Offset mortgages stake a claim for savers’ money - Mortgages - News - Moneyfacts


Offset mortgages stake a claim for savers’ money

Offset mortgages stake a claim for savers’ money

Category: Mortgages

Updated: 10/05/2010
First Published: 10/05/2010

This article was correct at the time of publication. It is now over 6 months old so the content may be out of date.
Cash ISA savers have been told their money might work harder for them, if they were to put it into an offset mortgage.

New research has shown that over the last ten years, typical cash ISA savers, who also hold a mortgage, would have been better off by placing their savings pot in an offset mortgage account.

Based on average cash ISA rates and average mortgage rates over the last ten years, first direct said that if savers had put their maximum cash ISA allowance into an offset account instead, they would have been better off by £3,306.

Saving the maximum amount into cash ISAs since 6 April 2000 would now be worth £38,328.

In contrast, someone placing the same amount into an offset mortgage would have saved £31,200, while knocking an additional £10,434 off their mortgage, making a total saving of £41,634.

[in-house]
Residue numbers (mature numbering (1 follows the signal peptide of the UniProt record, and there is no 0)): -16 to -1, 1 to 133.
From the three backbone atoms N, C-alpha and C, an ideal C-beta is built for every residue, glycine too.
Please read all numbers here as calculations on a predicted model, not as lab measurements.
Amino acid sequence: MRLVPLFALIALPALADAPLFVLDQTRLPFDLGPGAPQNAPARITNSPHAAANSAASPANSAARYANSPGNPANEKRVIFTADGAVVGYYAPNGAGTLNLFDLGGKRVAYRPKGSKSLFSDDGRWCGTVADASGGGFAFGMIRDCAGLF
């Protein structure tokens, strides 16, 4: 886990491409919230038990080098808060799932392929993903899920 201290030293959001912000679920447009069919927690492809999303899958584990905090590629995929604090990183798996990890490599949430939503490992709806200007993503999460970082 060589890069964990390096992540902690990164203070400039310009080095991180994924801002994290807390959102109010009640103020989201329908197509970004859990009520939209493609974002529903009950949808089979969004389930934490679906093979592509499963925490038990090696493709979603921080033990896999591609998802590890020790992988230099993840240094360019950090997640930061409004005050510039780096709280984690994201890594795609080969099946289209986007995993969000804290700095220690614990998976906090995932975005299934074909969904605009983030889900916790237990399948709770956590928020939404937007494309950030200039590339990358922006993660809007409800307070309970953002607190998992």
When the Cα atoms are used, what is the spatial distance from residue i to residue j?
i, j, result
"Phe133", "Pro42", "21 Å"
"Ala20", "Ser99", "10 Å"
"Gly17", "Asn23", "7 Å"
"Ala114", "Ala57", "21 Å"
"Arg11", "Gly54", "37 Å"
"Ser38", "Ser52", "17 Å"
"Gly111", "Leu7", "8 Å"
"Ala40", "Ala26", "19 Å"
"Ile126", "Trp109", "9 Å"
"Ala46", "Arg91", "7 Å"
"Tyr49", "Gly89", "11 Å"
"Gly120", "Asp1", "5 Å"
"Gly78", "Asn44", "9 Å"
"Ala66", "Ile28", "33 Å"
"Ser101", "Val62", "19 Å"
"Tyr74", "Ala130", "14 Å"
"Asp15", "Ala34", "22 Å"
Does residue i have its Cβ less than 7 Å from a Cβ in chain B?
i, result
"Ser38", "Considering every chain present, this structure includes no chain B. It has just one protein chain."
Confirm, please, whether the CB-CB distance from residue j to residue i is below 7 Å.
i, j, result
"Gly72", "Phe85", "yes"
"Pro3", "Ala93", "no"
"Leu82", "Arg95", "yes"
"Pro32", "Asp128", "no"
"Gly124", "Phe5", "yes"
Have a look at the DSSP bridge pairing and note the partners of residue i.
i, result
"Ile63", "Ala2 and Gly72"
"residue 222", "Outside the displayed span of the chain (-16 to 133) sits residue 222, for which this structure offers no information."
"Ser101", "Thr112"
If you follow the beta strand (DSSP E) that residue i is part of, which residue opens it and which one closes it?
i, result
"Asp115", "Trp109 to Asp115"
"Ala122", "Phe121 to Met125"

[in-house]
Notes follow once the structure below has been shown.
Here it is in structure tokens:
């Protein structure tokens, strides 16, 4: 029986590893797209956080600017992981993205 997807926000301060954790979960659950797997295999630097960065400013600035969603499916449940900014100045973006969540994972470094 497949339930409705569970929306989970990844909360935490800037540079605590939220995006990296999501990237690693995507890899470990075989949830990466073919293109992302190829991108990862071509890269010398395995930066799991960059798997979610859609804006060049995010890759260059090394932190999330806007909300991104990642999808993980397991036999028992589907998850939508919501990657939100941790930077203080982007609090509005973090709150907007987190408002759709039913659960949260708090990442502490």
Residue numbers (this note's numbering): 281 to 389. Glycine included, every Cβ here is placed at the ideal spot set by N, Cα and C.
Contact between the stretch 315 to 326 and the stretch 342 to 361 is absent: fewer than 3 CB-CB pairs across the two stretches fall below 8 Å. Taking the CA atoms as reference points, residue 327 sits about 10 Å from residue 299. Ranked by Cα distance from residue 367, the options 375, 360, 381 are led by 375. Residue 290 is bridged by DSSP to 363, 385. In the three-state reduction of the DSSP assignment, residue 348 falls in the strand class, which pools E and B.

"For people without a mortgage or possibly nearing the end of their mortgage, cash ISAs are often the most efficient way to save cash," said Richard Tolchard, senior mortgage product manager at first direct.

"However, for savers who hold a mortgage, this analysis shows that cash savings work harder offsetting against a mortgage than they do within a tax efficient ISA."

How can an offset mortgage make you money?

By offsetting your savings against your mortgage, you pay less interest on your mortgage and enjoy the flexibility of instant access to your money.

As mortgage rates over the longer term tend to be higher than savings rates, your money is working harder.

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Disclaimer: Information is correct as of the date of publication (shown at the top of this article). Any products featured may be withdrawn by their provider or changed at any time.

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